IT services management director explains why SLAs fail

Service level management key contributor to successful service level agreements.

Poor-quality or ineffective service level agreements (SLAs) are usually the direct result of inadequate service level management (SLM), according to itSMFA's director of publications Karen Ferris.

Speaking at the IT Service Management Forum Australia (itSMFA) last week, Ferris explained the pitfalls and missteps that can lead to ineffective SLAs.

According to Ferris, SLAs can fail for a variety of reasons, ranging from over-complex documentation to unrealistic or unclear goals and expectations.

But whatever the reason the cause is usually a fault of the underlying management structure.

"It's not the SLAs themselves that fail - they're just documents. It's the actual service level management (SLM) process itself that lets us down."

One way to almost guarantee a poor SLM implementation, Ferris said, is to implement SLM for the wrong reasons.

"If you're on a SLM journey or looking at improving SLM, [you need to ask yourself] what is the driver for your organisation?"

According to Ferris, one reason SLM is often poorly implemented is when the management style is adopted by organisations with no need for it.

For example, if your organisation is looking at adopting SLM merely because a consultant recommended it, you are implementing SLM for the wrong reason.

"That's not a driver for doing SLM," Ferris said.

On the other hand, an organisation with poor customer satisfaction is a perfect candidate for SLM.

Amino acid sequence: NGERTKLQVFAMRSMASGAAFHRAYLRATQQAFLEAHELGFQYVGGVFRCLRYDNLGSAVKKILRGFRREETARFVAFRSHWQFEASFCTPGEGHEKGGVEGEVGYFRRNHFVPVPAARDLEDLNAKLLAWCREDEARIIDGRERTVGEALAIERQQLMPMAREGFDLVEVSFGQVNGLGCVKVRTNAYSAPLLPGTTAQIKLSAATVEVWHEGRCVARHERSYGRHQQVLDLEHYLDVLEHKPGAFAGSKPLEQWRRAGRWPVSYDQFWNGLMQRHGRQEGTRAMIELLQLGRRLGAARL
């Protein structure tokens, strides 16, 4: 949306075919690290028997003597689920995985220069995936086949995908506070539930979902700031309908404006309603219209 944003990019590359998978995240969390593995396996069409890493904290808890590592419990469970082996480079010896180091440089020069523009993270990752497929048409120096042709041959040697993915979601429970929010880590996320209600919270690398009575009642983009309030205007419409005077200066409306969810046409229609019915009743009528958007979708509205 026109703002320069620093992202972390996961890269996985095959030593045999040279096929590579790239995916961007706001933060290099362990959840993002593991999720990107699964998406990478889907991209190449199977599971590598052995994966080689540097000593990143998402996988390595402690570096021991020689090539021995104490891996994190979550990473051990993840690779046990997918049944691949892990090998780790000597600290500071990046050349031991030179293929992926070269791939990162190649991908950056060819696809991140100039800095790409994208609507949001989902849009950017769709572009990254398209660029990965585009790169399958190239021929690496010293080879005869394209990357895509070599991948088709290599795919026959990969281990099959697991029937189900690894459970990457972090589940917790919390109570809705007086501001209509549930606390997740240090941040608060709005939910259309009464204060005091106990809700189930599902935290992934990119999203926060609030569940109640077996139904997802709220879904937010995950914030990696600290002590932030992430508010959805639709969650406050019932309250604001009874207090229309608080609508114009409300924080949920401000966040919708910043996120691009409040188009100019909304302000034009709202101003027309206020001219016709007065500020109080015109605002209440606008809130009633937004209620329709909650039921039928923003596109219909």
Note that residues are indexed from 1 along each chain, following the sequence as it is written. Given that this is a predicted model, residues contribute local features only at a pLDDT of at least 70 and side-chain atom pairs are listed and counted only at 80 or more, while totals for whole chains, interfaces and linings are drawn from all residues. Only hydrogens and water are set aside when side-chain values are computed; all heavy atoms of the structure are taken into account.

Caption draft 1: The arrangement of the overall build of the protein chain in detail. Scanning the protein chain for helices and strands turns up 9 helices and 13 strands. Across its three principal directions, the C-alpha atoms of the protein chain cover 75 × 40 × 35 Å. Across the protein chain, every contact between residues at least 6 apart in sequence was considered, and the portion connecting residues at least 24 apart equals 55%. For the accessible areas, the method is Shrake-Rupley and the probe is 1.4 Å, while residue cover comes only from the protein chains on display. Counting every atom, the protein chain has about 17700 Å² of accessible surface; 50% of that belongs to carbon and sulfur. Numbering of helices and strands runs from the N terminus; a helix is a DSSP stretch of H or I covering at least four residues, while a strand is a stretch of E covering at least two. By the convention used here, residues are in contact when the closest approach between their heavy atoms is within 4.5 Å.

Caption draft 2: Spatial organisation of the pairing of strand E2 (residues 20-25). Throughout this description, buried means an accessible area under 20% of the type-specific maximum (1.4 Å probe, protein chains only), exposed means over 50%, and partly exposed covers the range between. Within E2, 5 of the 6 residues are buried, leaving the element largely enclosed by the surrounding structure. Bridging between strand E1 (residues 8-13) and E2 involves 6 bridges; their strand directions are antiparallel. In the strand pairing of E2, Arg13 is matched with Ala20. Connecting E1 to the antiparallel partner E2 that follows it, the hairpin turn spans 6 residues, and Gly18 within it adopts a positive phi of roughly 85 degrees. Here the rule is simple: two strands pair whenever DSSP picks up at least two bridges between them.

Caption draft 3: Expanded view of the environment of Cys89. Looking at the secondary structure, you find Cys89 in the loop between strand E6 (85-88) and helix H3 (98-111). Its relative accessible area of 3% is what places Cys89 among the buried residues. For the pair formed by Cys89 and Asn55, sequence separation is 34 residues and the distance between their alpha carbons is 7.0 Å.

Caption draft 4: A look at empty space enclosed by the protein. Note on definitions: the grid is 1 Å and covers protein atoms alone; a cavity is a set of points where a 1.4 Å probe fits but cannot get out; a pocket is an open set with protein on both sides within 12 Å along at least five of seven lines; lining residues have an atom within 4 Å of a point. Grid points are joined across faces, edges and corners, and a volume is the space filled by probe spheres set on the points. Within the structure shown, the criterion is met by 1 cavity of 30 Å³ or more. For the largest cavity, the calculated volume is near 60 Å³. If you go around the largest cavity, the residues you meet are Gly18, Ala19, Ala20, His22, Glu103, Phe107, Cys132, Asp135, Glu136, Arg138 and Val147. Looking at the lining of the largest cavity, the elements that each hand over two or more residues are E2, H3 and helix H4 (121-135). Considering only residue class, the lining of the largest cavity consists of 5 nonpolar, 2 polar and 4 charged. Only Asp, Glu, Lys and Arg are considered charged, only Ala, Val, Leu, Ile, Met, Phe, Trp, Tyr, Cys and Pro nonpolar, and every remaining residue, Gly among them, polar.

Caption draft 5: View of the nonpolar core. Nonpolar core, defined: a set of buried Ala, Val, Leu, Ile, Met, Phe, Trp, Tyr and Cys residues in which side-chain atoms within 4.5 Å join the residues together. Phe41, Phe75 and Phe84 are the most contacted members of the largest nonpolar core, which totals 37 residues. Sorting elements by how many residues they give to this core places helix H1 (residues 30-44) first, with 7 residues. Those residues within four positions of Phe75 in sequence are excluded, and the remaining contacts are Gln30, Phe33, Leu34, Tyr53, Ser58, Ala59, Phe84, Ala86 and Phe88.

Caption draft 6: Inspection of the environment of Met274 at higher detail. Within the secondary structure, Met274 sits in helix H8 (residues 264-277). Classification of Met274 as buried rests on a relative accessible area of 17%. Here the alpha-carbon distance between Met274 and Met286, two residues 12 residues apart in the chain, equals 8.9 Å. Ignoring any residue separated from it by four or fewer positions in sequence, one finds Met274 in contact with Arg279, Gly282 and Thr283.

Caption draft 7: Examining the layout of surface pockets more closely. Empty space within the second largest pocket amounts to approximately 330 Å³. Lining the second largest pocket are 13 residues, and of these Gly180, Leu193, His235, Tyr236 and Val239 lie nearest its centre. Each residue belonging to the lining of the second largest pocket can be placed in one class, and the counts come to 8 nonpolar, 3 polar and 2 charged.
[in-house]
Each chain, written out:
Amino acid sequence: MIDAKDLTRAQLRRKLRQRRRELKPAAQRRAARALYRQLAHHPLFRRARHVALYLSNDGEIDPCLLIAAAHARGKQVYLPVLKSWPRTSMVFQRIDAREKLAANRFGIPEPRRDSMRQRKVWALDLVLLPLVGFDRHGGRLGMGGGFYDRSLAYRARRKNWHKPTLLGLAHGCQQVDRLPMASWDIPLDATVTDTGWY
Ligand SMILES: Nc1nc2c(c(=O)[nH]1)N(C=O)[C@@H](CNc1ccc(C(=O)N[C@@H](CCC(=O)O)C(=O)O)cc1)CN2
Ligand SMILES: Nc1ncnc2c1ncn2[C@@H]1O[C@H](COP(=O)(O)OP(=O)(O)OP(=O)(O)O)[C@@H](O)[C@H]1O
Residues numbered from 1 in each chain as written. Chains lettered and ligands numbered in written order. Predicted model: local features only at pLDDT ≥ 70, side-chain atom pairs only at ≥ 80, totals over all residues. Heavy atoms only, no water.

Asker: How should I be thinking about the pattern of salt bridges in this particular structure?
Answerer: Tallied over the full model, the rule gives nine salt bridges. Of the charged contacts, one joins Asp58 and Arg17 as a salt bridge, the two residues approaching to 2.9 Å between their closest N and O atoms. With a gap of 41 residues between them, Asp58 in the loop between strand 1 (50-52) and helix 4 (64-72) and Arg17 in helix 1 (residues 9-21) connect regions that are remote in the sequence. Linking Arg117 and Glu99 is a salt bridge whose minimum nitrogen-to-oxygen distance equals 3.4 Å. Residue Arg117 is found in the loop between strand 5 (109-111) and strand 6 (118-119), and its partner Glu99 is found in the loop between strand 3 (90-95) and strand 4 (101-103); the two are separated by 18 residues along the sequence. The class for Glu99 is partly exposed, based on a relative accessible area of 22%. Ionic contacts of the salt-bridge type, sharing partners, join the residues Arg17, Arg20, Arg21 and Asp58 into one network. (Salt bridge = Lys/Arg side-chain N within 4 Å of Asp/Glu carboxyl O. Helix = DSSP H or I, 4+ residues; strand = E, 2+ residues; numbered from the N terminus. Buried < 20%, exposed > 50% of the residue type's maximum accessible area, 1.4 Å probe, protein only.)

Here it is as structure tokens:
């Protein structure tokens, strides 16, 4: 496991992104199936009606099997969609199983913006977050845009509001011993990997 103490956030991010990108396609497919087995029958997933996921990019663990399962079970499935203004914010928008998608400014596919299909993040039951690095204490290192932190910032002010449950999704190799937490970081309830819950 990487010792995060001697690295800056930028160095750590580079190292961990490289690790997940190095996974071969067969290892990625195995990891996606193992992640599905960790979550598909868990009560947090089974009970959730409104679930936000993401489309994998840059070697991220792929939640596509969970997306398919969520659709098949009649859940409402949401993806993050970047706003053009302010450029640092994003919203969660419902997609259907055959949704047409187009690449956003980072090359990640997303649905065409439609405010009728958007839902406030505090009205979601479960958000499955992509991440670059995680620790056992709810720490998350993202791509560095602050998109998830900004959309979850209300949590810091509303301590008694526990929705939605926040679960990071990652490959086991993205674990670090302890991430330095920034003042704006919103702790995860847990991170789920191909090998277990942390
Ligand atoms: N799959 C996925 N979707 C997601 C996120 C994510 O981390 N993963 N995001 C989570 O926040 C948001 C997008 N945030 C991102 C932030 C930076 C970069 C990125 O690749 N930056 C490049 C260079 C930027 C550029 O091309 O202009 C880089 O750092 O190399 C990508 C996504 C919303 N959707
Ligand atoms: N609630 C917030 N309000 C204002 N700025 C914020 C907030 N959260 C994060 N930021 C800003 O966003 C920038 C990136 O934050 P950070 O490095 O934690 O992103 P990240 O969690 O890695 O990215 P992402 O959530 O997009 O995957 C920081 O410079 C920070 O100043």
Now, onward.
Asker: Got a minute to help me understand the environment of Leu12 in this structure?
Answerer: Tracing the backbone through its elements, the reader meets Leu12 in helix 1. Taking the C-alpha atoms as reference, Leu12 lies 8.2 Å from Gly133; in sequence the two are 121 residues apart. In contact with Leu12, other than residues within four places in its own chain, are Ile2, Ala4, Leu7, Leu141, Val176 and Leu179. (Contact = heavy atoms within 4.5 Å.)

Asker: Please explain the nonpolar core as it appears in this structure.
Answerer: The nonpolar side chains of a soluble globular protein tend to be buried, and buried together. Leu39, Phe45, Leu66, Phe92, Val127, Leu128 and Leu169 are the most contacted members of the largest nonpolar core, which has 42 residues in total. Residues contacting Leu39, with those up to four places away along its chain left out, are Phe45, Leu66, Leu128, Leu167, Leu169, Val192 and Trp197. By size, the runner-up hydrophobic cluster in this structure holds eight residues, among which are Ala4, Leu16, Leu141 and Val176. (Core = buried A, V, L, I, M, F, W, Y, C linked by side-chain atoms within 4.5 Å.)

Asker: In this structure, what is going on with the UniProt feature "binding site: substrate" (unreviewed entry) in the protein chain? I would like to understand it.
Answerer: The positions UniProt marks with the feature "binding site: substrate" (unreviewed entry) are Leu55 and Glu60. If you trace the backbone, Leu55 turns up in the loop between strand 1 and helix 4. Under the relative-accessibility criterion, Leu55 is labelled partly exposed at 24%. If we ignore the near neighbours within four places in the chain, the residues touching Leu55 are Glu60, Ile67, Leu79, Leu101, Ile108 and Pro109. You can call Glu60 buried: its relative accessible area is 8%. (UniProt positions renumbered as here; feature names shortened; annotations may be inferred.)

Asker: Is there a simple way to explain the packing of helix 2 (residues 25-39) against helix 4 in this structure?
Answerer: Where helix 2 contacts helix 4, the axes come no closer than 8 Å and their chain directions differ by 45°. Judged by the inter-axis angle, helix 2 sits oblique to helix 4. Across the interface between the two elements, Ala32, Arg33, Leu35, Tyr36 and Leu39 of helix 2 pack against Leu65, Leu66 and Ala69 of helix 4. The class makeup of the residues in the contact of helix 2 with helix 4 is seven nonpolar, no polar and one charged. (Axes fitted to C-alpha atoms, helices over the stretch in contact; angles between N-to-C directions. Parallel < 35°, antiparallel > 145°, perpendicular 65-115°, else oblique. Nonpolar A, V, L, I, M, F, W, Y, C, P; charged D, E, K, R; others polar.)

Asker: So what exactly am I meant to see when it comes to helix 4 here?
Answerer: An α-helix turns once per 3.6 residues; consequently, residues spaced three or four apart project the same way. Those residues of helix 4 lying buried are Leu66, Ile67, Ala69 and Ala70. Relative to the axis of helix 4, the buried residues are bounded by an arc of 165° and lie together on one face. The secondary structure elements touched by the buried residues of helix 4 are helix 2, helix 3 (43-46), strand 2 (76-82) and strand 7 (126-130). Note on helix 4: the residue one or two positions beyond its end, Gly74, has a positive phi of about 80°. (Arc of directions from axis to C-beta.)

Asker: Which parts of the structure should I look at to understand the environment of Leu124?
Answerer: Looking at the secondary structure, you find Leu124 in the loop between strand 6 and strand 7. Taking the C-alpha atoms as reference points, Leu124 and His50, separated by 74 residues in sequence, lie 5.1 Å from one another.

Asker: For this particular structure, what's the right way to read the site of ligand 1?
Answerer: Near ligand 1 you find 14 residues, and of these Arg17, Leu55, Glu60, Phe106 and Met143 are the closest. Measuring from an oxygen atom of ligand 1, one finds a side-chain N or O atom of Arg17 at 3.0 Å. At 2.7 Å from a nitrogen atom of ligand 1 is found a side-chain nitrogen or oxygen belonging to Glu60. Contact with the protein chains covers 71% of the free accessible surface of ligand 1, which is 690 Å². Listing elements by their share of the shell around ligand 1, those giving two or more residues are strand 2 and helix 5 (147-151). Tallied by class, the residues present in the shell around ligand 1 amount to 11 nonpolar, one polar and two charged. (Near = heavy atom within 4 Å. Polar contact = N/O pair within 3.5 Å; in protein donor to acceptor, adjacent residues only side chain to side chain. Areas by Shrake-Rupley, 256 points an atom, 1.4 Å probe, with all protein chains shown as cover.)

Likewise, organisations which outsource IT services should consider SLM a far greater priority than organisations which handle IT in-house.

Even organisations that are a perfect fit for SLM should be aware that while SLAs can help improve the quality of IT services in places that quality is lacking, it can also create boundaries where before there were none, Ferris says.

"Where you may have had shared responsibility. sharing of ideas and free-flowing communication, you could be replacing that flexibility with some rigidity."

And one of the key reasons SLM fails is if it's implemented too selectively, or at the wrong place in an organisation's management structure.

"SLM is the key interface between technology and the business. SLM in the wrong place in the organisation can make or break the relationship with your customers," she said.

"SLM has to be at the forefront of your organisation, [and] needs to sit horizontally across all the components that make up delivery of service."

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